Hospitals are concerned about the administrative burden posed by a proposed CMS rule that would ban them from Medicare and Medicaid if they fail to disclose that they are working with providers or suppliers who have been barred from the programs, or who owe money to the government.
The rule implements a provision of the Affordable Care Act requiring anyone doing business with Medicare, Medicaid and the Children's Health Insurance Program (CHIP) to disclose any current or previous direct or indirect affiliation with a provider or supplier that has uncollected debt, or that has been suspended, excluded or had billing privileges revoked by a federal healthcare programs.
Trinity Health, a system with national reach based in Livonia, Mich., said the proposal would “significantly increase” its administrative burden and costs. “It is not clear that these changes will deliver the intended benefit to improve quality and protect program integrity as CMS intends,” Trinity said in a comment letter.
Trinity was among about 60 organizations that submitted comment letters on the proposed rule before the April 25 deadline.
A consistent concern raised in the letters was that the CMS wants healthcare organizations to track and evaluate “reassignment relationships.” That's when a provider or supplier assigns the payment rights to another provider or supplier—for example, when a radiologist performs interpretations of diagnostic tests performed for a hospital's patients, and submits a bill under that hospital's billing code.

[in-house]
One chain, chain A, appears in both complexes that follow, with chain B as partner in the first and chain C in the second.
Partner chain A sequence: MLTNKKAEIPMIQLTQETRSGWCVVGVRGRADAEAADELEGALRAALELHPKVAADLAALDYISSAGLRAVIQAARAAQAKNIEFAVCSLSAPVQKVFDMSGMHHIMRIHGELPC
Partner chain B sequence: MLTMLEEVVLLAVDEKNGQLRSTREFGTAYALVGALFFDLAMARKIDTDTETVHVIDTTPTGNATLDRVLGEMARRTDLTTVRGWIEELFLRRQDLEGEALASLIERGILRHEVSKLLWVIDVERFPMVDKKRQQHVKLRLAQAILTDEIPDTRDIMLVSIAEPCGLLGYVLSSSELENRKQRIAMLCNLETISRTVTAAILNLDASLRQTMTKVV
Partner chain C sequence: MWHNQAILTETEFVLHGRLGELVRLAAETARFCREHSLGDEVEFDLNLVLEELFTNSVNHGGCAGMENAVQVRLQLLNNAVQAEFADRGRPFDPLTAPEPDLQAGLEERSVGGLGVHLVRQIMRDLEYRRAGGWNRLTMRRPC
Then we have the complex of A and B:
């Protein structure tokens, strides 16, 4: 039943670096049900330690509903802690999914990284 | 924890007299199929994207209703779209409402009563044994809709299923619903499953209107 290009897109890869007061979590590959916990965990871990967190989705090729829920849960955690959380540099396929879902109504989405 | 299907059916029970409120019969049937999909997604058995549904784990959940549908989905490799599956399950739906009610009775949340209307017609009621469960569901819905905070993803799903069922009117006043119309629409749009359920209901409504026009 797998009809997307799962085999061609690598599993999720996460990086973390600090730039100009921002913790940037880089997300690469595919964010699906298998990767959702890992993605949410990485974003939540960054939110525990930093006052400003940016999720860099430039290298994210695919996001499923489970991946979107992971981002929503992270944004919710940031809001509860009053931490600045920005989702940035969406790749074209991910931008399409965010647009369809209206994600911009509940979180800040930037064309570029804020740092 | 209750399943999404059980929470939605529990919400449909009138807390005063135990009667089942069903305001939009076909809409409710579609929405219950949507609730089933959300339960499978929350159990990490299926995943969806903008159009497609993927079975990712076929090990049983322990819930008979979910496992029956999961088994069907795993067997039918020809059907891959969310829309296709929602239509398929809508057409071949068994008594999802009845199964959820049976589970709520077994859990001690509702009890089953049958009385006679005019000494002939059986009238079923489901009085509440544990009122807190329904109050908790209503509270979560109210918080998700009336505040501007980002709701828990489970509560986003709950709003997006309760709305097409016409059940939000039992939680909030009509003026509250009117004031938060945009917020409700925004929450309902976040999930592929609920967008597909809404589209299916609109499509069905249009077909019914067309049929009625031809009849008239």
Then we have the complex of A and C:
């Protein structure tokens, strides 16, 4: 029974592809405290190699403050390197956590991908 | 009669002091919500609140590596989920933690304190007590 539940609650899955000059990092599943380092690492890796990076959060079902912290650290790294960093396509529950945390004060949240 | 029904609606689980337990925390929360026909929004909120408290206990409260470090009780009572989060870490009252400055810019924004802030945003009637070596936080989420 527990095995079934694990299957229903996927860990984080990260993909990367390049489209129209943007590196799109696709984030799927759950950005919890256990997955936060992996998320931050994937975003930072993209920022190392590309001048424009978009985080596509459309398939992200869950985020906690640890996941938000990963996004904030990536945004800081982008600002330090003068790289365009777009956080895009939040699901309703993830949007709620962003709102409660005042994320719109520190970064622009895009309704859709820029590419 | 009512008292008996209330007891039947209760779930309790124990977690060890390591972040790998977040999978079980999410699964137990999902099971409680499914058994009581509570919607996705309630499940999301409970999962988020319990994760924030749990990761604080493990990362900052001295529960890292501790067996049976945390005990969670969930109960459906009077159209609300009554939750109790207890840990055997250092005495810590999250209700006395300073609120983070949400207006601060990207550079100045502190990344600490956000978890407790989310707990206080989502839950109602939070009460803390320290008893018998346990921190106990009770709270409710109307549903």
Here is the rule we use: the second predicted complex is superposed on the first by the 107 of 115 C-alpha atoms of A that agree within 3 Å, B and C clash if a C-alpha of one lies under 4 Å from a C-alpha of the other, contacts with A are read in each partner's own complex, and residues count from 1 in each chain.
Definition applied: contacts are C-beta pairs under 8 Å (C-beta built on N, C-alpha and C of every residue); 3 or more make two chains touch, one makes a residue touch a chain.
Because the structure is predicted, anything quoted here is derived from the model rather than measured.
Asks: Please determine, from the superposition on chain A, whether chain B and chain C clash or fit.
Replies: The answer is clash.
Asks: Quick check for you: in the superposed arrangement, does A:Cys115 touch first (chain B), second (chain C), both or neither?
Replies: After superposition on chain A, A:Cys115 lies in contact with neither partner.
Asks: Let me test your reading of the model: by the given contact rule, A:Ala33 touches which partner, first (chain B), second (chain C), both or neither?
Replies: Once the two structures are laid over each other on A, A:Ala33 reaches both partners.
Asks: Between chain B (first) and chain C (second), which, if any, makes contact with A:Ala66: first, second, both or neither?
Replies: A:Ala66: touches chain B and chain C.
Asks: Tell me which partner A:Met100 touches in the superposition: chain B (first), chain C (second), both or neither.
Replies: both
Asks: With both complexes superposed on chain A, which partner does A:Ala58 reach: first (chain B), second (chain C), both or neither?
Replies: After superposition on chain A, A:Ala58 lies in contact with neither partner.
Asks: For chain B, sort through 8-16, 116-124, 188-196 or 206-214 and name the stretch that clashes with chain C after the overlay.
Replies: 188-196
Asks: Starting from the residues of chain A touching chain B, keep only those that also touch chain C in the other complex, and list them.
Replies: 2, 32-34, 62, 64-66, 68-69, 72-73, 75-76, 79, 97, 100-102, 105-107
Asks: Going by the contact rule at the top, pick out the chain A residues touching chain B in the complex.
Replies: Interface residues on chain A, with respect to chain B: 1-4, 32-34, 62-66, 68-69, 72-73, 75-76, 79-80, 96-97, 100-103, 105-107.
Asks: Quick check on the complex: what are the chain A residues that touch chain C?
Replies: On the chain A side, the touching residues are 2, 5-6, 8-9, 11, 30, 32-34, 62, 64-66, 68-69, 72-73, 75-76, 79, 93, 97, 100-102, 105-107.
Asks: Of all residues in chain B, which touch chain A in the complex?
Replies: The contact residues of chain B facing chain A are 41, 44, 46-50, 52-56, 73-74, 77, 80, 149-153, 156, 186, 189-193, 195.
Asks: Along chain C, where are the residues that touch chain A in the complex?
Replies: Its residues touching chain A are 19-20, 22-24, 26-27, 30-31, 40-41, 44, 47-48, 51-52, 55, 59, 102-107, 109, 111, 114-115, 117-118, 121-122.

CMS officials said in the proposed regulations that it has concluded that the relationships in those scenarios are sufficiently close that participating providers should be held accountable for them.
“It amounts to commanding providers and suppliers to find a needle in a haystack or risk facing the death penalty,” said Anthony Burba, a partner at Barnes & Thornburg. “I could see this creating an enormous compliance burden on larger providers, such as hospitals and health systems.”
Hospitals and health systems that submitted comments said they generally back the agency's desire to hold them accountable for their business relationships—for example, when they have a significant ownership stake in an entity or exercise operational control over it. But they strongly opposed extending the scrutiny to reassignment.
Carolinas HealthCare System, based in Charlotte, N.C., said in a comment letter that thousands of suppliers have reassigned payments to the system and would have to be evaluated under the rule.
“The administrative burden required to collect, analyze, and report this volume of information would greatly exceed the minimal amount of fraud, waste and abuse this disclosure might prevent,” Carolinas HealthCare stated.